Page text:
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China, South Korea lead in green stimulus investment

South Korea and China lead the world's 20 largest economies in the percentage of economic stimulus money they invest in environmental projects, the UN Environment Program reported on Thursday.

Other members of the Group of 20 leading economic powers, including the United States, trail behind in percentage of green investment from stimulus money, the agency found.

Almost exactly a year after the global financial crisis began, the UN agency found that about 15% of the estimated $3.1 trillion in global stimulus funds are “green” in nature.

But only 3% of stimulus funds committed to environmental projects were actually disbursed by the middle of this year, and the total in committed funds is still below 1% of global gross domestic product, the amount economists recommend to reduce dependence on carbon and fuel the transition to a greener world economy, the agency said.

The level of funding for renewable energy is not enough to cut carbon emissions and limit average global warming to 3.6 degrees F (2 degrees C), the increase above which some of the most severe effects of climate change are predicted.

The UN agency's executive director, Achim Steiner, called on the G20 leaders to have stimulus packages that double their green investments in sustainable energy to $500 billion a year to keep the global temperature rise below this threshold.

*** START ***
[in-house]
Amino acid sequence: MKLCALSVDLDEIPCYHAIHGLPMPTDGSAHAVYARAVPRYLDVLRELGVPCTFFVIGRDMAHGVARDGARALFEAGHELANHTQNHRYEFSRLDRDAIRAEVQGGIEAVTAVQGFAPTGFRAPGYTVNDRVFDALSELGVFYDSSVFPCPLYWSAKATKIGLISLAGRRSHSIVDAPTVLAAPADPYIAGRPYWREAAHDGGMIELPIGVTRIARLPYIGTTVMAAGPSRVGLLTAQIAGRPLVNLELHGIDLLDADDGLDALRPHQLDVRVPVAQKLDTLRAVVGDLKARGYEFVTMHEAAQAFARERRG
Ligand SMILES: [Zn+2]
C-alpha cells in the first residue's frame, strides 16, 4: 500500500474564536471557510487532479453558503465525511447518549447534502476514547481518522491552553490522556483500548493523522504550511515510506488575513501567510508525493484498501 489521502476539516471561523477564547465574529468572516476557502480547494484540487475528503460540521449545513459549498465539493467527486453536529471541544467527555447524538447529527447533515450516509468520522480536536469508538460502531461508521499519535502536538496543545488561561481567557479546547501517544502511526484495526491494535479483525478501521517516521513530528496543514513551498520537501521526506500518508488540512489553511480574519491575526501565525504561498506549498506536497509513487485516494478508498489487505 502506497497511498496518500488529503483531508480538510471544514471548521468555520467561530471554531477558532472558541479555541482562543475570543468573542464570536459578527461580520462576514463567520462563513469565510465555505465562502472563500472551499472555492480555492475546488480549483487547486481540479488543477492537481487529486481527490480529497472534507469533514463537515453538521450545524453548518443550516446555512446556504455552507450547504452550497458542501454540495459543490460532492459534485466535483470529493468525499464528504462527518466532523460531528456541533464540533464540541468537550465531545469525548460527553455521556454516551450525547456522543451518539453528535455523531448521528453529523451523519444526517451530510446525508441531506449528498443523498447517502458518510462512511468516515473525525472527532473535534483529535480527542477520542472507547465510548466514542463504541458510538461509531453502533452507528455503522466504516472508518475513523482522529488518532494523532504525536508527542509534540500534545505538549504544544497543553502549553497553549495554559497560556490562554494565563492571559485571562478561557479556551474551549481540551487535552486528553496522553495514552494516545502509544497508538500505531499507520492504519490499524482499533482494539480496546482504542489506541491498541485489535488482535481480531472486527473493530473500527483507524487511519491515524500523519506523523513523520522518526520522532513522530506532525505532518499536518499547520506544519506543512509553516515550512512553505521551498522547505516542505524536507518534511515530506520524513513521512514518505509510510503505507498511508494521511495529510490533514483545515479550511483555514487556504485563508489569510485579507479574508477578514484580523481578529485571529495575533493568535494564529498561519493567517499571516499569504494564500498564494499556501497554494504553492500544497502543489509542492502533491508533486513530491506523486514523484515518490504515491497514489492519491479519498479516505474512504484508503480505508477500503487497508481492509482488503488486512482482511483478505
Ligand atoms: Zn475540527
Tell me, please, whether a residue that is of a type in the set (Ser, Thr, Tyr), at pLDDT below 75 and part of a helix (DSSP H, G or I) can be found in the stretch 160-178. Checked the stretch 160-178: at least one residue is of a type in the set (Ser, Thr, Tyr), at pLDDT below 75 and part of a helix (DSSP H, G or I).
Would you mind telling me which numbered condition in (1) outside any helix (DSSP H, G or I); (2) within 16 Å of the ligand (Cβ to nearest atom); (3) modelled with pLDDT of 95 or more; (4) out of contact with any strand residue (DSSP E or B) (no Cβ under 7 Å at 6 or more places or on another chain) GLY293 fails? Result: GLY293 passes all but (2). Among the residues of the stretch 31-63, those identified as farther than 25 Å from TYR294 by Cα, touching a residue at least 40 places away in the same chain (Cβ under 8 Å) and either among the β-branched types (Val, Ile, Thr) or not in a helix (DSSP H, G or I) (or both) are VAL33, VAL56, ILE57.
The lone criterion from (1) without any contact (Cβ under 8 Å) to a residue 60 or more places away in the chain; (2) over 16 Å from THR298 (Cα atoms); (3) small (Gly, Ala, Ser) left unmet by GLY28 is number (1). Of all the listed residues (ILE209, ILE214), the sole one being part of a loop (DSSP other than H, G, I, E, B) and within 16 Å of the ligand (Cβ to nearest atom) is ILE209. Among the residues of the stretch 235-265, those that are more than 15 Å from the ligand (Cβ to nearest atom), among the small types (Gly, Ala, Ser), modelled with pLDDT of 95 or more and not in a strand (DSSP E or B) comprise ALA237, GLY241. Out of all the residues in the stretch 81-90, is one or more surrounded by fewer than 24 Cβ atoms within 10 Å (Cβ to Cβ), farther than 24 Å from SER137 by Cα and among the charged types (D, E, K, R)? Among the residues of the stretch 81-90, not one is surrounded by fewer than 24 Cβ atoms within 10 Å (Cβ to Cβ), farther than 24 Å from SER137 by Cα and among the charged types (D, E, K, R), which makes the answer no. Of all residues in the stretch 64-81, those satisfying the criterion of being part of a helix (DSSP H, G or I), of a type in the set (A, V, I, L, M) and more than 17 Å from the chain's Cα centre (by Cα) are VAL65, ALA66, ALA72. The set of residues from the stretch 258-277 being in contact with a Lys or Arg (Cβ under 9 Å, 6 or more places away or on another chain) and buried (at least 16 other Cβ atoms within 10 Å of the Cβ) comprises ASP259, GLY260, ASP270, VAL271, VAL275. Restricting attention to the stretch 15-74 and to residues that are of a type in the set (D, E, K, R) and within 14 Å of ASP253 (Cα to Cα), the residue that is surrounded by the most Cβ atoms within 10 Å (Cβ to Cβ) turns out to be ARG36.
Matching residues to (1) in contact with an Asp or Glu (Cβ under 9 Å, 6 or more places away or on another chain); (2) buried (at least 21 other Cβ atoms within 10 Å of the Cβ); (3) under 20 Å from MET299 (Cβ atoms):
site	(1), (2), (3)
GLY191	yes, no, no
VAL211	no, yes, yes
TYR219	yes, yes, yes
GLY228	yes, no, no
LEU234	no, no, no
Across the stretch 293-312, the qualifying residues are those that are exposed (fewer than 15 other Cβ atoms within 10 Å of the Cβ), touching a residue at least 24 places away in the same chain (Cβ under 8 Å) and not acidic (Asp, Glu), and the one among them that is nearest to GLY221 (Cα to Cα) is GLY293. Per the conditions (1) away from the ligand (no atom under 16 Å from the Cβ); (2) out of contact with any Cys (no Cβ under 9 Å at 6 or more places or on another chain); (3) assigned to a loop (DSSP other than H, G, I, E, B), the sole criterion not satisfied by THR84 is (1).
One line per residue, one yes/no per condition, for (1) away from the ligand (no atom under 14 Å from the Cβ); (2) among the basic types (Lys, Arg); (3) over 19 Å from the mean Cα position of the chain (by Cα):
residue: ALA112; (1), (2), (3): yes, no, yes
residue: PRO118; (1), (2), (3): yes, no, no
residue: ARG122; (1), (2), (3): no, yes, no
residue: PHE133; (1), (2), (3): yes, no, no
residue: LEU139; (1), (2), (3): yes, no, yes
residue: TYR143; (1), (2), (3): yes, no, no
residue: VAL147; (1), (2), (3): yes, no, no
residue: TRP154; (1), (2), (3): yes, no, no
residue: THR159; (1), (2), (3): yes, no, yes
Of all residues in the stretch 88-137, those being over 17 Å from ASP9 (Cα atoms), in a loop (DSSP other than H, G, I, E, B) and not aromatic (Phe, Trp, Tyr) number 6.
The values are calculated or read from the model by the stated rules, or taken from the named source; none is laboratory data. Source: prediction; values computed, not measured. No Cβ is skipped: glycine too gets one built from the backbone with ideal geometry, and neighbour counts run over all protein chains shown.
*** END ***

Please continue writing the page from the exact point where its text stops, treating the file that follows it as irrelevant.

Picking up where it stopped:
The report also noted that global stimulus commitments include some $250 billion in what the agency called “perverse subsidies” for fossil fuels and agriculture that can actually add to climate change are operating in the G20 economies.

Pavan Sukhdev, project leader of the UN agency's Green Economy Initiative and director of the current report, said this study does not address climate negotiations focused on crafting a follow-on agreement to the carbon-capping Kyoto Protocol at a December meeting in Copenhagen.

However, he said, the report does show that there is significant greening investment - about $512 billion - commitment already, pegged to some hope of a carbon market after this phase of the Kyoto Protocol expires in 2012.

“So it would of course be a huge disappointment if Copenhagen did not make headway toward a new 2012 agreement, as that would reduce if not defeat business interest in 'greening' processes and energy use,” Sukhdev said in answer to emailed questions about the report.

In order of the percentage of stimulus money committed to environmental projects, South Korea was first with 79%; China had 34%; Australia 21%; France 18%; United Kingdom 17%; Germany 13%; United States 12%; South Africa 11%; Mexico 10%; Canada 8%; Spain 6%; Japan 6%; Italy 1%. (Reuters)